FIG. 1 shows in diagrammatic form the design of an electrostatic foil converter for detecting ink droplets which are ejected from the nozzles of a print head of an ink jet printer. A counter electrode 10 in the form of a metallic block has a rough or uneven surface 12 consisting of grooves or like indentations. along a face portion of the electrode and corresponding to the column of nozzles in the print head. A thin sheet of synthetic foil 14 is covered or coated with a layer of gold, aluminum, copper or like conductive material, and is stretched across the surface 12 and secured to the electrode by means of a ring 16. The synthetic foil 14 serves as a dielectric and also as an insulator between the electrode 10 and the metallic layer or coating. A direct voltage of 100 volts is supplied through a resistor 18, having a value of 5 megohms, and is connected to apply voltage between the metal layer of the foil 14 and a connecting portion of the electrode 10.
Droplets 20 of ink from the print head are caused to be impinged against the foil 14 and cause a momentary deflection of the foil by reason of the rough surface 12. The deflection of the foil 14 causes a change in capacitance which in turn causes a voltage change at the counter electrode 10 in view of the momentary charge. This voltage change is coupled through a capacitor 22 and a preamplifier 24 to be transmitted to recognition type logic where the voltage change is evaluated in dependence on signals which are to be expected and which signals are utilized in well-known manner in regard to monitoring the printer operation. The recognition logic utilizing the voltage changes coming from the sensing means monitors proper ink jet operation and can initiate certain corrective or warning actions, such actions indicating and/or providing for wiping and cleaning the face plate of the print head, or sounding an alarm or adjusting the voltages applied to ink droplet drive elements. In well-known manner, the monitoring function may be performed upon operator request or automatically at regular intervals, for example, at the end of each line, at the end of each printed page, or after a predetermined plurality of printed lines or pages. It is here noted that the recognition logic and corrective action may correspond to an arrangement disclosed in a copending application Ser. No. 197,714, filed Oct. 16, 1980 entitled Optical Sensing of Ink Jet Printing.
The magnitude of the voltage pulse on the synthetic foil 14 depends on the electrical values of resistance and applied voltage and on the mechanical parameters of the impinging ink droplet such as the velocity and mass of the ink droplet 20. The impinging of the ink droplet 20 onto the foil 14 initiates or generates the leading edge of the voltage change which is detected by the circuitry. Thus the time of impingement of the ink droplet 20 and the pulse caused thereby can be detected.
FIG. 2 shows the counter electrode 10 with the rough surface 12 and with the foil 14 stretched thereacross and secured by the ring 16. The ink droplets 20 are directed toward the metallic covered foil in the manner and with the result as described in FIG. 1. An ink solvent atmosphere 30 is established or created adjacent the foil 14 and the in path of the ink droplets 20 by means of an absorbent felt member 32. The member 32 is trained around the rough surface 12 to provide the atmosphere 30 for the purpose of preventing drying of the ink on the metal plated foil 14. The member 32 is placed with one end thereof in a container 34 of solvent 36 and in a manner wherein the ink droplets remain moist and flow downwardly along the foil 14 and onto the felt. Such an absorbent member may not be required where the ink is of a consistency that the ink can remain on the foil layer without drying or in the case where the ink solvent is not absorbed by the felt.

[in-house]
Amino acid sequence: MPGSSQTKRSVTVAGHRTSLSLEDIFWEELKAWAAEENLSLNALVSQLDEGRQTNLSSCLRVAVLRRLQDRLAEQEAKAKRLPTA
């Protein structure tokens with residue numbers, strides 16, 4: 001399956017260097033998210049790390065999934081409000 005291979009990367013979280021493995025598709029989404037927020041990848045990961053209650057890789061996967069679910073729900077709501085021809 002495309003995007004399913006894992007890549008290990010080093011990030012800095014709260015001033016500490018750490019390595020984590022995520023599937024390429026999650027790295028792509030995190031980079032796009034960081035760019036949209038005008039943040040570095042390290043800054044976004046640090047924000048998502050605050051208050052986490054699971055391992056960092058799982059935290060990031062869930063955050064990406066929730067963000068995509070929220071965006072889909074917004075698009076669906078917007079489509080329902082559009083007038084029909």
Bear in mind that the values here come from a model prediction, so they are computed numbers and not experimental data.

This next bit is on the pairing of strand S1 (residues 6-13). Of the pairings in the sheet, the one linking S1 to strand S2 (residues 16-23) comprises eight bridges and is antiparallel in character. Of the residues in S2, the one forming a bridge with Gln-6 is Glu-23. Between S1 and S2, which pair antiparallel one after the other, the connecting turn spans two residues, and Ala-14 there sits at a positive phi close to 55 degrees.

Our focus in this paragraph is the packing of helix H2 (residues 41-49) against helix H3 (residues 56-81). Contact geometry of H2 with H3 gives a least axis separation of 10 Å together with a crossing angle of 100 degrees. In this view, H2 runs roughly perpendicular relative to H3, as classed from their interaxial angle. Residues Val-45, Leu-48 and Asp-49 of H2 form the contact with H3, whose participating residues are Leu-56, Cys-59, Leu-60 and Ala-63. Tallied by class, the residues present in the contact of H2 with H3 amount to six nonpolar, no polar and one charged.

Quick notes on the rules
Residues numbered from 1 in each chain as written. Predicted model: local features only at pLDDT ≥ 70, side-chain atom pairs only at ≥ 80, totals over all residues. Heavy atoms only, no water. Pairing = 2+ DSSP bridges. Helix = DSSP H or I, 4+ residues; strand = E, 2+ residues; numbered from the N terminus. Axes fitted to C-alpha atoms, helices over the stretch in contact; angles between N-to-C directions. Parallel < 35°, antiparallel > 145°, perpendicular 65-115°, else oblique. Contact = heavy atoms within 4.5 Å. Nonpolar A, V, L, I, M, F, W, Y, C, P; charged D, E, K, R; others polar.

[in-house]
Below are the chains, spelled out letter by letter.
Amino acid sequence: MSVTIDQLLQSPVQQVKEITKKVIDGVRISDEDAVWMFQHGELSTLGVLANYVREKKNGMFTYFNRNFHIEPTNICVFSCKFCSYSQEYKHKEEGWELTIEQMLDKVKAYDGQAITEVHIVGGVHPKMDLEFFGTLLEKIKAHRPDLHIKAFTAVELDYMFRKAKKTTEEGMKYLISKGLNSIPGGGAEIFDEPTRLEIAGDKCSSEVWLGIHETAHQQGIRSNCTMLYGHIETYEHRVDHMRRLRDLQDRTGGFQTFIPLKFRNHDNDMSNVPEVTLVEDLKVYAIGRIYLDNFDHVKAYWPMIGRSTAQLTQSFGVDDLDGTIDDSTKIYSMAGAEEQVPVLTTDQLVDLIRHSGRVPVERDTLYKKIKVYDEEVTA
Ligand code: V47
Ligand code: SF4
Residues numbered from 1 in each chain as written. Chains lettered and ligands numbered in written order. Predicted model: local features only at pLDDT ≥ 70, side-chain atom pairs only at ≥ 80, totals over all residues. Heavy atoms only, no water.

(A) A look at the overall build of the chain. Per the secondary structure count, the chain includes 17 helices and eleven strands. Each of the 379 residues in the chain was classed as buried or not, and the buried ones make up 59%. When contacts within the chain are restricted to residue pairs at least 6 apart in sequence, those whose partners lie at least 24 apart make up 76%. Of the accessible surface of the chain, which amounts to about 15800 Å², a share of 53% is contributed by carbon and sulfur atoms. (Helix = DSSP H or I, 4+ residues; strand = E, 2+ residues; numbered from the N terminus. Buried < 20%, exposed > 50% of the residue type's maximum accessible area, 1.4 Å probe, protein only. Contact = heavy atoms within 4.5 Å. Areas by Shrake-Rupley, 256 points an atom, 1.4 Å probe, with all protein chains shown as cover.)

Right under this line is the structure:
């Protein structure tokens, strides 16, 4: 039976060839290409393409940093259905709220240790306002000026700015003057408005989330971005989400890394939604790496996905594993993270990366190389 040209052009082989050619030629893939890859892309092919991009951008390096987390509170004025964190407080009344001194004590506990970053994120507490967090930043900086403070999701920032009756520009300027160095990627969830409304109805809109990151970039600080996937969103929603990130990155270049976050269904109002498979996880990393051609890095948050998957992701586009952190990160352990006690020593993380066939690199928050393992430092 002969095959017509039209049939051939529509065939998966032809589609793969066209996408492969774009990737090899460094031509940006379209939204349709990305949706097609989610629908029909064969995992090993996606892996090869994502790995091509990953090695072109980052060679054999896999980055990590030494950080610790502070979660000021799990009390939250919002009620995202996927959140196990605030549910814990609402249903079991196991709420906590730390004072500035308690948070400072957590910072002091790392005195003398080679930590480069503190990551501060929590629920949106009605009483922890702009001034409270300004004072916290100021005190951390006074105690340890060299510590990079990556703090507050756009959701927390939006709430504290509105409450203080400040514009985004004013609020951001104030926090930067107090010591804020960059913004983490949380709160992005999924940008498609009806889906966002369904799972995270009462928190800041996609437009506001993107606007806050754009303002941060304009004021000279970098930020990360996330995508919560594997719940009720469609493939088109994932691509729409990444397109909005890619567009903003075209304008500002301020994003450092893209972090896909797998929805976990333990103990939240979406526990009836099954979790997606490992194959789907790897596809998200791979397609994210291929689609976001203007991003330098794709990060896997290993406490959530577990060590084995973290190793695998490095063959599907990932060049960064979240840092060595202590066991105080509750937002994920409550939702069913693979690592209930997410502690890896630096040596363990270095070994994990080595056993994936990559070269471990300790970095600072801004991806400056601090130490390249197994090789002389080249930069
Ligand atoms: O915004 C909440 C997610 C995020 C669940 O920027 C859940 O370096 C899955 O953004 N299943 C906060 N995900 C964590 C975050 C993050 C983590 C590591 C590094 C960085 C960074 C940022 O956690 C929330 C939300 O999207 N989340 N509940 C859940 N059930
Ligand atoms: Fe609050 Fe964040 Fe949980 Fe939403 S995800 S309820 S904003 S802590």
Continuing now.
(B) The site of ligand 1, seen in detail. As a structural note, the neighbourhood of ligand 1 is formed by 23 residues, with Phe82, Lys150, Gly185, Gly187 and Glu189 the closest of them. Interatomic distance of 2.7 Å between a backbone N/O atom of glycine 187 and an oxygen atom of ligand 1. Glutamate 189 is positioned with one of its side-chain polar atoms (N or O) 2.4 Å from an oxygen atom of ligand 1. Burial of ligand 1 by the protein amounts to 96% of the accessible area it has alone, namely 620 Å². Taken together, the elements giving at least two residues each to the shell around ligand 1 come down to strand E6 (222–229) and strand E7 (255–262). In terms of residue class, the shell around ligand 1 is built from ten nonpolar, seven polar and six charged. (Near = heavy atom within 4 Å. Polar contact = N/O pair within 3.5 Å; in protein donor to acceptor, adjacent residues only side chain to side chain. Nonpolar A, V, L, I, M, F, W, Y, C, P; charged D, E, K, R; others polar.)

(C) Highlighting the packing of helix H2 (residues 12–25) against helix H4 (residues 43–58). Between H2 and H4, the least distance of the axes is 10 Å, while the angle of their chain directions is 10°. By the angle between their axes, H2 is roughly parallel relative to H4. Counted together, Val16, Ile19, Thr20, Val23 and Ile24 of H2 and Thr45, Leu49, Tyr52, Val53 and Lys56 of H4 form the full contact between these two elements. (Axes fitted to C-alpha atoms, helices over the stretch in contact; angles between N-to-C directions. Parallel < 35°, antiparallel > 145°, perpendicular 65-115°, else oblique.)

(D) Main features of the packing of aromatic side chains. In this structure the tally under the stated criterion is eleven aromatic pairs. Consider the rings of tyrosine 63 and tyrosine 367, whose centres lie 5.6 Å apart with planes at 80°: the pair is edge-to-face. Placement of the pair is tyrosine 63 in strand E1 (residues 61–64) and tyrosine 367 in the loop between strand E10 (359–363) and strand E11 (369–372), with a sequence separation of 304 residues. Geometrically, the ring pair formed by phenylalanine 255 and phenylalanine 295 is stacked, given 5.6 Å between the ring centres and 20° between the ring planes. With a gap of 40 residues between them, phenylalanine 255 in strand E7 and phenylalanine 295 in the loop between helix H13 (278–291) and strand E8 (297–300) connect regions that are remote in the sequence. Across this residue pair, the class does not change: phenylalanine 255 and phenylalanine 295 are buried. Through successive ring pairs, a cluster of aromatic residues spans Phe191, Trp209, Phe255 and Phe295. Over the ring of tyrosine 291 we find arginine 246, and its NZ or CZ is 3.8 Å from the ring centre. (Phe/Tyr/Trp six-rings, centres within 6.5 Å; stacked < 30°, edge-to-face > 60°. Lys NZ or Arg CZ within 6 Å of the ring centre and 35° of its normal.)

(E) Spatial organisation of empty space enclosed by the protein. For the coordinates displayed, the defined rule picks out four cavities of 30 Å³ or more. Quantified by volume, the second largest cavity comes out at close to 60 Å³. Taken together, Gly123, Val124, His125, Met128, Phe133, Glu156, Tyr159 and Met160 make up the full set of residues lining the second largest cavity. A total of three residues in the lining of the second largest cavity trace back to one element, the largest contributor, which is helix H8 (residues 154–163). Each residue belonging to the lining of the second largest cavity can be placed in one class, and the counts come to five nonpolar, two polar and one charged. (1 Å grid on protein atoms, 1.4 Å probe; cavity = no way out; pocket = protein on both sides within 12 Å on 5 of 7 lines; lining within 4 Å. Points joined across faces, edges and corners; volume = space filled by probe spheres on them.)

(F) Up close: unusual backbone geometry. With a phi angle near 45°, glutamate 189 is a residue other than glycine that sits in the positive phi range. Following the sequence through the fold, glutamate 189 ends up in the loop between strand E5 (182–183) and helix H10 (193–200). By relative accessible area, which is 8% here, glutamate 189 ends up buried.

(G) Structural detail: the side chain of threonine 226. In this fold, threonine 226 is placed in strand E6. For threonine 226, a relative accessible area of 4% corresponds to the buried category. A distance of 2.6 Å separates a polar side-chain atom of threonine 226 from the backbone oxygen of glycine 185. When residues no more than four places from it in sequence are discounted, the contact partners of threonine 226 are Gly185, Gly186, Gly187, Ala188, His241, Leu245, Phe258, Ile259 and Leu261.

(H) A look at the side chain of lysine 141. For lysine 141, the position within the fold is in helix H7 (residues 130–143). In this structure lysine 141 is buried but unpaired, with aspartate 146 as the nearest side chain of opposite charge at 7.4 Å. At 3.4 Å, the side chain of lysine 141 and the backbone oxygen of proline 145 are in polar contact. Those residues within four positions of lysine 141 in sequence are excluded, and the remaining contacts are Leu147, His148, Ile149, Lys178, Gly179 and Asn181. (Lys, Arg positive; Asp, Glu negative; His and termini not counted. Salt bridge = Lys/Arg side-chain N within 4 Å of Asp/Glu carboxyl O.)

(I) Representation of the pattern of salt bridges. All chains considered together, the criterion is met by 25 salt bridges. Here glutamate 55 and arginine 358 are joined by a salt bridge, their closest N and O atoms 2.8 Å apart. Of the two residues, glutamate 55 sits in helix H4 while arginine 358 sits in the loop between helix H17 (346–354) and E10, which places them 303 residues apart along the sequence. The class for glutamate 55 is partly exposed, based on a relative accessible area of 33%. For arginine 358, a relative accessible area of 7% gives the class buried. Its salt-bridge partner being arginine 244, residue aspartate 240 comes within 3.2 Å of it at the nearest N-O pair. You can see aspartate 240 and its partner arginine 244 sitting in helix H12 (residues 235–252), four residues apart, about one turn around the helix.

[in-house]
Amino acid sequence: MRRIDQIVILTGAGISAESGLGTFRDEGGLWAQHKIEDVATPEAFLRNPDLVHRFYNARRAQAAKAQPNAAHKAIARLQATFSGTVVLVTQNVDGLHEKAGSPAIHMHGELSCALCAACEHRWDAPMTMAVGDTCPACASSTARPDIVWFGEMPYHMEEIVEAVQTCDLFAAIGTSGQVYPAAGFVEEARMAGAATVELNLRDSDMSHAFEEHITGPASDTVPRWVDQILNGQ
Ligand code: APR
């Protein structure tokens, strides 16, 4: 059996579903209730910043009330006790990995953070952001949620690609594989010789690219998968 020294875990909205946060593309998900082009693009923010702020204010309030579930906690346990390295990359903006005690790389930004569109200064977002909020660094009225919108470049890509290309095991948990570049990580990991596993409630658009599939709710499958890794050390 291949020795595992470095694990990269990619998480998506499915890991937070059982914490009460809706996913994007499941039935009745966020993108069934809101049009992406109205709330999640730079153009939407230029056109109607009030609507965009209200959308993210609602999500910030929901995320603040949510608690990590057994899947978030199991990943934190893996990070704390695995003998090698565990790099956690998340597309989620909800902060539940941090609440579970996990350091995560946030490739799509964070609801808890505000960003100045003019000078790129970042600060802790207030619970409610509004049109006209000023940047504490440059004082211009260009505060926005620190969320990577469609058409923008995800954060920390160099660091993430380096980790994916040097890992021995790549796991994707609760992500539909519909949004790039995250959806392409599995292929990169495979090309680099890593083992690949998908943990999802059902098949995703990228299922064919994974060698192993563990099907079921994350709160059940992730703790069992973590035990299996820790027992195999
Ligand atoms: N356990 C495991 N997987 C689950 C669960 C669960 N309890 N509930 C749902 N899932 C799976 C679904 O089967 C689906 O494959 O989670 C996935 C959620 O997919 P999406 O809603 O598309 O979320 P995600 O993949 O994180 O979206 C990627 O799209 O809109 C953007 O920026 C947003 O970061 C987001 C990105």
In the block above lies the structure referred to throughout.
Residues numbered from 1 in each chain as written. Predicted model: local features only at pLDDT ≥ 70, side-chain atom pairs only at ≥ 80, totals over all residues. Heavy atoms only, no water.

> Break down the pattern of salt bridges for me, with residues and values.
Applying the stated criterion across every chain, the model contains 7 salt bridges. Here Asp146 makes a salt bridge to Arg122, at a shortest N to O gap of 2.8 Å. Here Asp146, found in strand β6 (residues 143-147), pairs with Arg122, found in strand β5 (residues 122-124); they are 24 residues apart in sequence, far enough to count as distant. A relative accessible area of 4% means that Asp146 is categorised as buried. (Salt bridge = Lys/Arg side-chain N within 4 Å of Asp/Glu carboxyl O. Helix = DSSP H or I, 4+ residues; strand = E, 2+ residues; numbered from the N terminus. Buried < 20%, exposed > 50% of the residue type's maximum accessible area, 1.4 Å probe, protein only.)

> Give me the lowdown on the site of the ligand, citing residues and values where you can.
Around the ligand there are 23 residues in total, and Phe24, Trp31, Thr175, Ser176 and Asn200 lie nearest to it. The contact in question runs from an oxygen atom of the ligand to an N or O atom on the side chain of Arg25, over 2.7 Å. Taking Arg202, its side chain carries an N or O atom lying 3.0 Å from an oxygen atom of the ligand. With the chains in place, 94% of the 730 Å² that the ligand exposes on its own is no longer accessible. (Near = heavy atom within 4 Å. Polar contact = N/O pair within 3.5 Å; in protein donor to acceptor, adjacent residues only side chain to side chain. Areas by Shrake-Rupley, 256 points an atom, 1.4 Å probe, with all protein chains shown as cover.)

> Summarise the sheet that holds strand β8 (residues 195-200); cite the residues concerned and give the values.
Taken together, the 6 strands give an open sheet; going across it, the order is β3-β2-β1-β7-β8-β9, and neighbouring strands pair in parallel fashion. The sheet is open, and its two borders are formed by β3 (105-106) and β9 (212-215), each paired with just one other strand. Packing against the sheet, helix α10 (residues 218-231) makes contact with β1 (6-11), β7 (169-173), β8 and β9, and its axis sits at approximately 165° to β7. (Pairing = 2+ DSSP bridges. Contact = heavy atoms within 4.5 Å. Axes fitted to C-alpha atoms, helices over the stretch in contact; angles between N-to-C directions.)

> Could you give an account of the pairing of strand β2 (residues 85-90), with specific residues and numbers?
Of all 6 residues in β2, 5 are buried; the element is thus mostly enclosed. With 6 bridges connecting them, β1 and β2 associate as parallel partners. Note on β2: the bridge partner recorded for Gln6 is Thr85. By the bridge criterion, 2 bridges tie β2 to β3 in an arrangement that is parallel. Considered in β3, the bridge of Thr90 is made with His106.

FIG. 3 shows in diagrammatic form the operation of the electrostatic sensor in connection with an ink jet print head 40 and the paper 42 on which printing is to be performed. Detection of the ink droplets can be accomplished by placing an electrostatic sensor 44 outside the margin of the paper 42 or to the left thereof and the print head 40 is caused to travel beyond the paper to enable sensing the ink droplets. In this arrangement and after completion of each line of printing the ink jet print head 40 runs over the sensor 44 and a monitor signal is generated which is characteristic of the impinged ink droplet.
Another arrangement of the detection or sensing means is shown in FIG. 3 wherein an electrostatic sensor 46 is placed within the margin of the paper 42 and the sensor is moved directly with the print head 40. In this manner no extra movement of the print head 40 is necessary for monitoring or testing the impingement of the ink droplets. An additional movement of the sensor 46 is necessary to uncover the print head 40 for printing or to cover the print head for a test step. When the printer is at rest the sensor 46 may serve as a cover member for protecting the print head against dust or drying of the ink at the nozzles.
FIG. 4 shows a circuit employing a time mask and FIG. 5 shows a corresponding pulse diagram for accomplishing a logical decision for filtering out noises from the electrostatic sensor 44 or 46 (FIG. 3). An initiating pulse 50 or voltage VI is generated through a time window 52 in the form of a monostable multivibrator and then through an adjustable window 54 also in the form of a multivibrator to serve as one input (VT) of an AND gate 56. A pulse or ink droplet signal 58 or voltage VS is sent from the electrostatic sensor 44 or 46 through limiting amplifiers 60 and 62 and serves as the other input VS ') of the AND gate 56 which has an output signal 64 or voltage pulse VN. The time window 52 is generated by determining the time of propagation of the signals within the ink channel of the print head and a narrow detection time reduces the noise sensitivity of the electrostatic sensor. The use of a time mask for noise suppression of the sensor relates to the timing and coding of the successive emission of ink droplets by a plurality of sensors, as disclosed below. An initiating signal 50 or voltage pulse VI from the character generator triggers a time signal of length t1 in the multivibrator 52 which signal length is equal to the electrical delay seen during ink droplet emission pulse time of flight of the droplet from the nozzle to the foil 14. After time t1, the multivibrator 54 is triggered to emit a pulse VT of a length t2 l corresponding to the impact duration of the droplet on the sensor 44 or 46.